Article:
We haven't even hit Thanksgiving, and already the war on Christmas is underway. This time, one of the largest public school systems in the U.S. is eliminating every mention of religious holidays on its official calendar.
The Montgomery County Board of Education in Maryland has cut Christmas and Easter, as well as Yom Kippur and Rosh Hashana, from next year's school calendar. No religious holiday will be mentioned by name.
NPR reported on the origin of the decision: "The path to the board's decision started about two years ago on something that was somewhat unrelated. Members of the county's Muslim community -- roughly estimated at around 10 percent of the more than 1 million population -- were seeking to have two of their religion's holy days added to the calendar of days off. They wanted Eid al-Adha the most."
Instead of adopting new religious days for Muslims, however, the board approved the removal of all Christian and Jewish religious holiday references by a 7-1 vote. The students will continue to get the same religious days off, but there will be generic references to them, such as "winter break." Board members have even gone so far as to reinterpret the historical recognition of the holidays by saying that the days off are not meant to observe those religious holidays.
The board's president, Phil Kauffman, explained, "The best way to accommodate the diversity of our community is to not make choices about which communities we're going to respect in our calendar and which ones we're not going to respect."
But does religious neutering accommodate diversity or merely endorse secular progressivism and political correctness as America's new religion? Choices are the very actions our Bill of Rights was created to protect. In the end, however, rather than affirm Americans' freedom of religion, society has spawned their freedom from religion.
NPR reported that nearly all of the 16 districts across the country that are larger than Montgomery County Public Schools have already discarded any mention of religious holidays on their calendars.
That's not the America our Founding Fathers created for us. That's not unity in diversity. That's not education but pipeline progressivism pumping out another indoctrination camp.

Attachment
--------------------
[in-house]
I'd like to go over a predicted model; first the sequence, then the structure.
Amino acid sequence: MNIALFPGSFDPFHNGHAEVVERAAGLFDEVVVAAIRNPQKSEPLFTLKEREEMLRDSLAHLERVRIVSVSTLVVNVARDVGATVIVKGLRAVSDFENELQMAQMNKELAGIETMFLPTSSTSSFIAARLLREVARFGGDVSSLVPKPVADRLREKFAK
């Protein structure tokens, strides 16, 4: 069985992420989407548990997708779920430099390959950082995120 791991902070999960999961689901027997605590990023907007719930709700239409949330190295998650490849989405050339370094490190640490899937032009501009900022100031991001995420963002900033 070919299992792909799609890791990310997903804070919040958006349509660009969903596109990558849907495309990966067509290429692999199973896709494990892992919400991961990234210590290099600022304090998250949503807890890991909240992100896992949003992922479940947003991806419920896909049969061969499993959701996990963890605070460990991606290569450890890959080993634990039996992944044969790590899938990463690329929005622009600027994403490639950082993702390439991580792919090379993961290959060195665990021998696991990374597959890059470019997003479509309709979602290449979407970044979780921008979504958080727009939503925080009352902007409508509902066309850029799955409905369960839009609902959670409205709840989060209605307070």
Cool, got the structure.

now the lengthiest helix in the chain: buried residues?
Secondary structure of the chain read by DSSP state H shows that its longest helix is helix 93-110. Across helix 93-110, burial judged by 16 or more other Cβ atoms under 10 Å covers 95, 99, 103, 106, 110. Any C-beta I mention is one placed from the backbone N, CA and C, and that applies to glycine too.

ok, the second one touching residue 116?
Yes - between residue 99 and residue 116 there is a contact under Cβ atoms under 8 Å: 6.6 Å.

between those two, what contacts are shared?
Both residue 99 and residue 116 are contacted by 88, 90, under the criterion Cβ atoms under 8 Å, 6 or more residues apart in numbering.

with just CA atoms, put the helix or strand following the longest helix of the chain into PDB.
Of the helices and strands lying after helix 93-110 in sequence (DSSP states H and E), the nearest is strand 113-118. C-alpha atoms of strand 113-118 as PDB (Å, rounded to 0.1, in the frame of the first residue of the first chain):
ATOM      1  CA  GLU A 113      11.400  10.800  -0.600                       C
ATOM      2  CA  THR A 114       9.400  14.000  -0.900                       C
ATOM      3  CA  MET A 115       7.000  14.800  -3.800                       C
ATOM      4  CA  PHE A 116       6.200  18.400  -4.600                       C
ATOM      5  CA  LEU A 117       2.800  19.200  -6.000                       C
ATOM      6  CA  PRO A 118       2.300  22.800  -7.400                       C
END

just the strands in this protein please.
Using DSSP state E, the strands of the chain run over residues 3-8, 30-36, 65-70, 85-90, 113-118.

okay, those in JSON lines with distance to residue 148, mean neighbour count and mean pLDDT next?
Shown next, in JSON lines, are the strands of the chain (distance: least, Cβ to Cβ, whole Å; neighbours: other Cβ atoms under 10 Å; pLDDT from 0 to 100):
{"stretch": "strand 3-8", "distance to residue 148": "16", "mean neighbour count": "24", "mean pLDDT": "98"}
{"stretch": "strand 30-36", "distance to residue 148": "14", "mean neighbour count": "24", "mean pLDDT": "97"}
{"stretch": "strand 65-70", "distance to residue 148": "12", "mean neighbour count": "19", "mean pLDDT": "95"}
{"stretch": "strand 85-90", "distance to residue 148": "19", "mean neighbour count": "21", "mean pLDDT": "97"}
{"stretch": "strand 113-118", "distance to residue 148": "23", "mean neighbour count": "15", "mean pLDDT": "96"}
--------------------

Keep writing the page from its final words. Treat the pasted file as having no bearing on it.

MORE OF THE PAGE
Have you ever heard the phrase that the only thing that goes with the flow is a dead fish? What about the saying that if two people are thinking exactly the same, you can bet that one person isn't thinking?
And where's our president when these Christian and Jewish references are being erased from civic calendars? Is he crying out in defense of religious liberty and our First Amendment? Nope. He's as silent as a church mouse, just as he's been for the past six years on any such matter. And animosity toward religion continues to grow.
That's why I encourage you to rent or buy the DVD "Last Ounce of Courage." The movie explains exactly what we are facing in America. There is a short speech at the end of the movie by the lead actor, Marshall Teague, which will make your hair stand on end. Marshall addresses a large crowd as he speaks from the top of a building in a town much like a town in the Maryland county that has become completely secular and progressive. His powerful message will resonate with every freedom-loving American.
Let us never forget that there was once a time in the U.S. when people and even presidents weren't afraid to stand for traditional values and encourage others to do the same.
Case in point, President Ronald Reagan, in his 1981 Christmas address, televised and on the radio from the Oval Office for the entire nation and world to hear, said: "At this special time of year, we all renew our sense of wonder in recalling the story of the first Christmas in Bethlehem, nearly 2,000 years ago. Some celebrate Christmas as the birthday of a great and good philosopher and teacher. Others of us believe in the divinity of the child born in Bethlehem, that he was and is the promised Prince of Peace. ... Like the shepherds and wise men of that first Christmas, we Americans have always tried to follow a higher light, a star, if you will. At lonely campfire vigils along the frontier, in the darkest days of the Great Depression, through war and peace, the twin beacons of faith and freedom have brightened the American sky. At times, our footsteps may have faltered, but trusting in God's help, we've never lost our way. ... So let this holiday season be for us a time of rededication. ... Tonight, in millions of American homes, the glow of the Christmas tree is a reflection of the love (of) Jesus. ... Christmas means so much because of one special child."